New models could predict the effects of climate change in unprecedented detail| Trending Viral hub

Scientists have proposed a network of supercomputing centers that would focus on local climate impacts.

An aerial photograph of a landscape showing several dozen houses flooded by muddy brown stagnant water.

A residential area in Pakistan was flooded after heavy monsoon rains in 2022.


Fida Hussain/AFP via Getty Images

Scientists have used computer models to predict the implications of global warming for more than five decades. As climate change intensifies, these increasingly accurate models require more and more computing power. For a decade, the best simulations have been able to predict the effects of climate change in an area of ​​25 square kilometers. Now, a new modeling project could adjust the resolution to one kilometer, helping policymakers and urban planners detect the neighborhoods (or even individual buildings) most vulnerable to extreme weather events.

“Climate (science) has always had a computing problem,” says Bjorn Stevens, director of Germany’s Max Planck Institute for Meteorology. However, recent technological advances, such as reducing the size of transistors, have made computers much more capable, Stevens says. He and a group of climatologists and scientists from other disciplines are developing a network of global supercomputing centers called Earth Visualization Engines, or EVE, which they hope to complete within a decade. These centers would work together running climate models, interpreted using machine learning algorithms, on supercomputers to predict local climate changes and severe weather events.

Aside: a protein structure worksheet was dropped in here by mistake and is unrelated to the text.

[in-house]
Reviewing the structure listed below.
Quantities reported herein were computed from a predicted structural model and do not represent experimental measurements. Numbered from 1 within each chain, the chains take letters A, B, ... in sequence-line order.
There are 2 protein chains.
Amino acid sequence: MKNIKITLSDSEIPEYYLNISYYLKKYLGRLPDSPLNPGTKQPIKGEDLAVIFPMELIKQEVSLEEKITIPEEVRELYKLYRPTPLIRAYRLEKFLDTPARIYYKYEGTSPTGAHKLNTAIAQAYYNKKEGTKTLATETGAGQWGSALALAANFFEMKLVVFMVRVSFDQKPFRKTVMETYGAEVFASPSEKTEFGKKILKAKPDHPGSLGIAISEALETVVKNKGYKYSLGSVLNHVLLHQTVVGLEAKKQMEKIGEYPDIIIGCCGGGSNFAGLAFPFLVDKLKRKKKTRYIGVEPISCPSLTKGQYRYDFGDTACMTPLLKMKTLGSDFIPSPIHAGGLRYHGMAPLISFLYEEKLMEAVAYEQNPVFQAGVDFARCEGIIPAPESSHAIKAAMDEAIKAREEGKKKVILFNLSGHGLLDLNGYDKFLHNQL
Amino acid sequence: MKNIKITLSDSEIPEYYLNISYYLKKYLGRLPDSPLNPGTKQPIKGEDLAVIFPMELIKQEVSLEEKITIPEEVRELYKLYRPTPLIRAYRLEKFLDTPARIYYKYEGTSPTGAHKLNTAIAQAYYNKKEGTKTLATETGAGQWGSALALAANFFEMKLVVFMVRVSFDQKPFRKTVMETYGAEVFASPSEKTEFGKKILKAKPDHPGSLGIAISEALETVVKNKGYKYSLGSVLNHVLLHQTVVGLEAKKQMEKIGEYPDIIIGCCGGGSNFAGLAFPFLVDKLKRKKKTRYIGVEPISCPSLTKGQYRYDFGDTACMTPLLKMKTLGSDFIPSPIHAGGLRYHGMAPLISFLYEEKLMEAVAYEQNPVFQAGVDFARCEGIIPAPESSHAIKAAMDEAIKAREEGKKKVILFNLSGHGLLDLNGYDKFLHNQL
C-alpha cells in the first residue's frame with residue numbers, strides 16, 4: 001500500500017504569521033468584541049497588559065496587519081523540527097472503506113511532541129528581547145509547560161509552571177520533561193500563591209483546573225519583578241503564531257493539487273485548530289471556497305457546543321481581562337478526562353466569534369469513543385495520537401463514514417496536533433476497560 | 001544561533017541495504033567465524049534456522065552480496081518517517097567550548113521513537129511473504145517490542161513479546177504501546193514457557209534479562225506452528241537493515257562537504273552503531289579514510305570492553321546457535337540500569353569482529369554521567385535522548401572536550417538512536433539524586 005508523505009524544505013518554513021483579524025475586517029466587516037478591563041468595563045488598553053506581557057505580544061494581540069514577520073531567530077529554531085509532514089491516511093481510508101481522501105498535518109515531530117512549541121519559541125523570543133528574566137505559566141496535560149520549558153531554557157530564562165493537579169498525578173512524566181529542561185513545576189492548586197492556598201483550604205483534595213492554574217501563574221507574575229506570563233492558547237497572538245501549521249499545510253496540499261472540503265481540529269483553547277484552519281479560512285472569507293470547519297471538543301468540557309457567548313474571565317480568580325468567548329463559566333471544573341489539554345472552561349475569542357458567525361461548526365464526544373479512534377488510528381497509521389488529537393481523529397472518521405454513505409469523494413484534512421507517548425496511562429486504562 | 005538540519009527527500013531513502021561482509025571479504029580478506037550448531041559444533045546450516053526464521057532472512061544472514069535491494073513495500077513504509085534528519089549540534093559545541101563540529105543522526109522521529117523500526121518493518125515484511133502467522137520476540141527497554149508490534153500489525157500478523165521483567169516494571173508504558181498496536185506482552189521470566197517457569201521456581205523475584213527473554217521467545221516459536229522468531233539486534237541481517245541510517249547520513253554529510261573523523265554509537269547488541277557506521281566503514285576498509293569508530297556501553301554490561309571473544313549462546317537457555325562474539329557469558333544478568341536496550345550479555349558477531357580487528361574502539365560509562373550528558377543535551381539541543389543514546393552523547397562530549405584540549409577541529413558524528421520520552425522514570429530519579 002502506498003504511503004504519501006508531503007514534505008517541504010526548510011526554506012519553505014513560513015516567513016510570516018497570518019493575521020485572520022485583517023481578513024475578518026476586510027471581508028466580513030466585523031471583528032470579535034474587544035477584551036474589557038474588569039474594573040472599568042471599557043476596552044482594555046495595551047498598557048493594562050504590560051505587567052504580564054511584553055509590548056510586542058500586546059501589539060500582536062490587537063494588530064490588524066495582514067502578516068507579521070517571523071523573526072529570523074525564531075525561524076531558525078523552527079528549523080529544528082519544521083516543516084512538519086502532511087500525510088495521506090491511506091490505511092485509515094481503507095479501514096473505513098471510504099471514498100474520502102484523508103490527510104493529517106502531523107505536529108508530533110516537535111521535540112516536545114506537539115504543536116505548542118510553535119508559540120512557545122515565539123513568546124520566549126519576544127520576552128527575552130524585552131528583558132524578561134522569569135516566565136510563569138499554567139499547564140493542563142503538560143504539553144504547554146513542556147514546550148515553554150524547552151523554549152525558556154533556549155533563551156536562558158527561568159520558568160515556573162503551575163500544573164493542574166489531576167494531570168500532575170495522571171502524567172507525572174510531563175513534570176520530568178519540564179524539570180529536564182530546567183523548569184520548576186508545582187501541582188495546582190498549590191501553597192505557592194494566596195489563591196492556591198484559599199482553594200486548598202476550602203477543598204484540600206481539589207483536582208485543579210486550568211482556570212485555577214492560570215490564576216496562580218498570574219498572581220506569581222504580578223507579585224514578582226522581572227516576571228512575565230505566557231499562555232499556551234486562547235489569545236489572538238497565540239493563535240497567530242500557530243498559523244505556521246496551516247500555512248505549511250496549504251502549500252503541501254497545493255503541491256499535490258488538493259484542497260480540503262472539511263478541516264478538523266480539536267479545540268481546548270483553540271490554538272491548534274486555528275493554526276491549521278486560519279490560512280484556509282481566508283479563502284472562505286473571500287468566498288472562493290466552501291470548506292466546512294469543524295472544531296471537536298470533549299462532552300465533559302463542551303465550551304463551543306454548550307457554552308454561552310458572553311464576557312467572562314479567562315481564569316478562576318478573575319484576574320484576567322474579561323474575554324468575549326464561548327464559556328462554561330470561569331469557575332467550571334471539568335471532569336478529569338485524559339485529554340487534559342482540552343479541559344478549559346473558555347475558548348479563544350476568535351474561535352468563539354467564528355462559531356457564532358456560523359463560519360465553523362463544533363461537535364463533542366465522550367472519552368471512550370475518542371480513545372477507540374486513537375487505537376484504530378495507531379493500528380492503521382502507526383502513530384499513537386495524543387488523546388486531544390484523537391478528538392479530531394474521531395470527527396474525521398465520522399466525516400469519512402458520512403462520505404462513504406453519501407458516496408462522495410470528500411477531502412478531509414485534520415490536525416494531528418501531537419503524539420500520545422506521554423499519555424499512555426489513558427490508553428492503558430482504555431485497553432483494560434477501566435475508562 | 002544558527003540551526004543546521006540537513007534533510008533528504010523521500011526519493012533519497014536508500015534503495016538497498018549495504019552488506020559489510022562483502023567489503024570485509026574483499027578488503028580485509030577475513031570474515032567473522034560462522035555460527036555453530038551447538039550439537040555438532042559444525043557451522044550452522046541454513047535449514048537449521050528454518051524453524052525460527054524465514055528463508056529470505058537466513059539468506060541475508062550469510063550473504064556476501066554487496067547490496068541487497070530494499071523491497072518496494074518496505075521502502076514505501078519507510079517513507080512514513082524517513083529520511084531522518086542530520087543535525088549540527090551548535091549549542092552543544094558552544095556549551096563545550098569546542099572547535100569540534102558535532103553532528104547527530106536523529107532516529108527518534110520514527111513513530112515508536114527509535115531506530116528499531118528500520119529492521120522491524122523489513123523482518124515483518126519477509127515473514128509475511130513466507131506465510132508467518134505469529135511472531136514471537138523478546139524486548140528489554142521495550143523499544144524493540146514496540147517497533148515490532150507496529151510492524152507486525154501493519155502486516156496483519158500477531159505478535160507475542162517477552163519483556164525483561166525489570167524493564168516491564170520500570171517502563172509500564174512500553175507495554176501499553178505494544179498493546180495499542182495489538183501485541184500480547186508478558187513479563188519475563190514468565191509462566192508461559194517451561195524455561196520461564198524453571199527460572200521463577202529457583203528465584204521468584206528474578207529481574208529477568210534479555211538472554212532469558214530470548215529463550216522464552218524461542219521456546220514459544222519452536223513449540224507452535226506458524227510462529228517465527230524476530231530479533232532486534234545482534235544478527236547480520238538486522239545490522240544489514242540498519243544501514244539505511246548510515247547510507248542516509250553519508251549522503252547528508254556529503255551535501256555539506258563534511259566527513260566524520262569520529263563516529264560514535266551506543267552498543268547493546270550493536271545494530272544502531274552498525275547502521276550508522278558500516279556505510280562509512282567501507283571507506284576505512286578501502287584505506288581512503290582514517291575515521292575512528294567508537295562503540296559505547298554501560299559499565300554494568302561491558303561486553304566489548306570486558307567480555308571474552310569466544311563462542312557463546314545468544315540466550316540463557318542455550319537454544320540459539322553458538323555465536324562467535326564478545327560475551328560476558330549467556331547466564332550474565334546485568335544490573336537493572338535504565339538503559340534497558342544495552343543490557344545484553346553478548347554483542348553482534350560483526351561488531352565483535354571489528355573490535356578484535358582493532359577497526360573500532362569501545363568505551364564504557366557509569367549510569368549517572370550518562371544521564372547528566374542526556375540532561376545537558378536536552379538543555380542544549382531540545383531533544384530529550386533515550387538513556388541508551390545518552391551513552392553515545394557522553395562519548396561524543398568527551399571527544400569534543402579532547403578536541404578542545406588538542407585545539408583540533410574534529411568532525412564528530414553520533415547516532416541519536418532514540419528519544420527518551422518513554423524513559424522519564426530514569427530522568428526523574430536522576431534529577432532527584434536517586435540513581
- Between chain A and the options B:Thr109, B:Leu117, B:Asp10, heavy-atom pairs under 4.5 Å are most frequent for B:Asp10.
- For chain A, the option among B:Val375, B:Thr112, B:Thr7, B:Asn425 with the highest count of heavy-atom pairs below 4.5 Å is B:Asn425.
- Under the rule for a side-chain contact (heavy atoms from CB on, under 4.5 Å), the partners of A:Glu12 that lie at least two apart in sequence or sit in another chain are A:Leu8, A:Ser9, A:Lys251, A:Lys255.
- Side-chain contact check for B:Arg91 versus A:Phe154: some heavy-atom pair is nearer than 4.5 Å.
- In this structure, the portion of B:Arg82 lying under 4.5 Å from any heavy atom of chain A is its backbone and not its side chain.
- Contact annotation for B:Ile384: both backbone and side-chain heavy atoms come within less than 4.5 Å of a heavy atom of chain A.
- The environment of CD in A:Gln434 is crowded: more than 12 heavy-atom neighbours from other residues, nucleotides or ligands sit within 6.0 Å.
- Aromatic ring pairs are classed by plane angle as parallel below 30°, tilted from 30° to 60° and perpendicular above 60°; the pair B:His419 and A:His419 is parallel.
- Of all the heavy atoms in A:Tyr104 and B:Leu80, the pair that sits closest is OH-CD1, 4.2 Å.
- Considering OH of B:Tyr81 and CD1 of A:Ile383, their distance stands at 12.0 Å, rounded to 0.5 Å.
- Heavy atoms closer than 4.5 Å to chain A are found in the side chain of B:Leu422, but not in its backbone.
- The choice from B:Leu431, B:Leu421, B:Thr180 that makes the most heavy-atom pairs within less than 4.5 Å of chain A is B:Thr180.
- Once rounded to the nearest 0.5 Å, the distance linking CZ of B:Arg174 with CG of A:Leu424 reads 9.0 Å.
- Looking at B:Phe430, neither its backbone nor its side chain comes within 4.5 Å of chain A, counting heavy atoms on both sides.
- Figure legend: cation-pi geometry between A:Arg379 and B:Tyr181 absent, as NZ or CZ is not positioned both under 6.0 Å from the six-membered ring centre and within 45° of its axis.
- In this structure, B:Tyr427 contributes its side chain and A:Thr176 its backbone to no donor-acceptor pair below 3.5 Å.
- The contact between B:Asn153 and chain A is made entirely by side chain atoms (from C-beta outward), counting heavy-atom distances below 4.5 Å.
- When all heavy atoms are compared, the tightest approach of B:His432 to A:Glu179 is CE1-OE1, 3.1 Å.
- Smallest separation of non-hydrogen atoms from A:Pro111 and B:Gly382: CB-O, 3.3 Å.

This international push, which organizers have called “the CERN of climate science,” could help municipalities mitigate disasters, say supporters who plan to present the proposal at the 28th United Nations Climate Change Conference in November. . Higher resolution models could show how wind shear affects certain buildings, where flooding could reach, or which areas are most vulnerable to damage. These details could inform actions taken before dangerous events like heat waves, hurricanes or droughts, helping officials determine when and where to save water, set up cooling centers or shore up infrastructure.

Such detailed modeling may be made possible by a recent technological breakthrough: a superchip called Grace Hopper, named after the pioneering computer scientist and developed by computer technology company Nvidia. After ten years of development, it could be used to process models up to six times faster than other superchips while using less power, says Dion Harris, head of marketing for Nvidia’s accelerated data center projects.

As EVE progresses, Stevens and other planners plan to make the data and models publicly available. Doing so should be prioritized, especially in developing countries most affected by the climate crisis, before deploying expensive new computing technologies, says Gavin Schmidt of NASA’s Goddard Institute for Space Studies, which is not involved in EVE.

“There is a huge amount of useful climate information that is not accessible,” says Schmidt. Climate modelers are “trying to make the most of information, disseminate it, and help people make better decisions for adaptation.”

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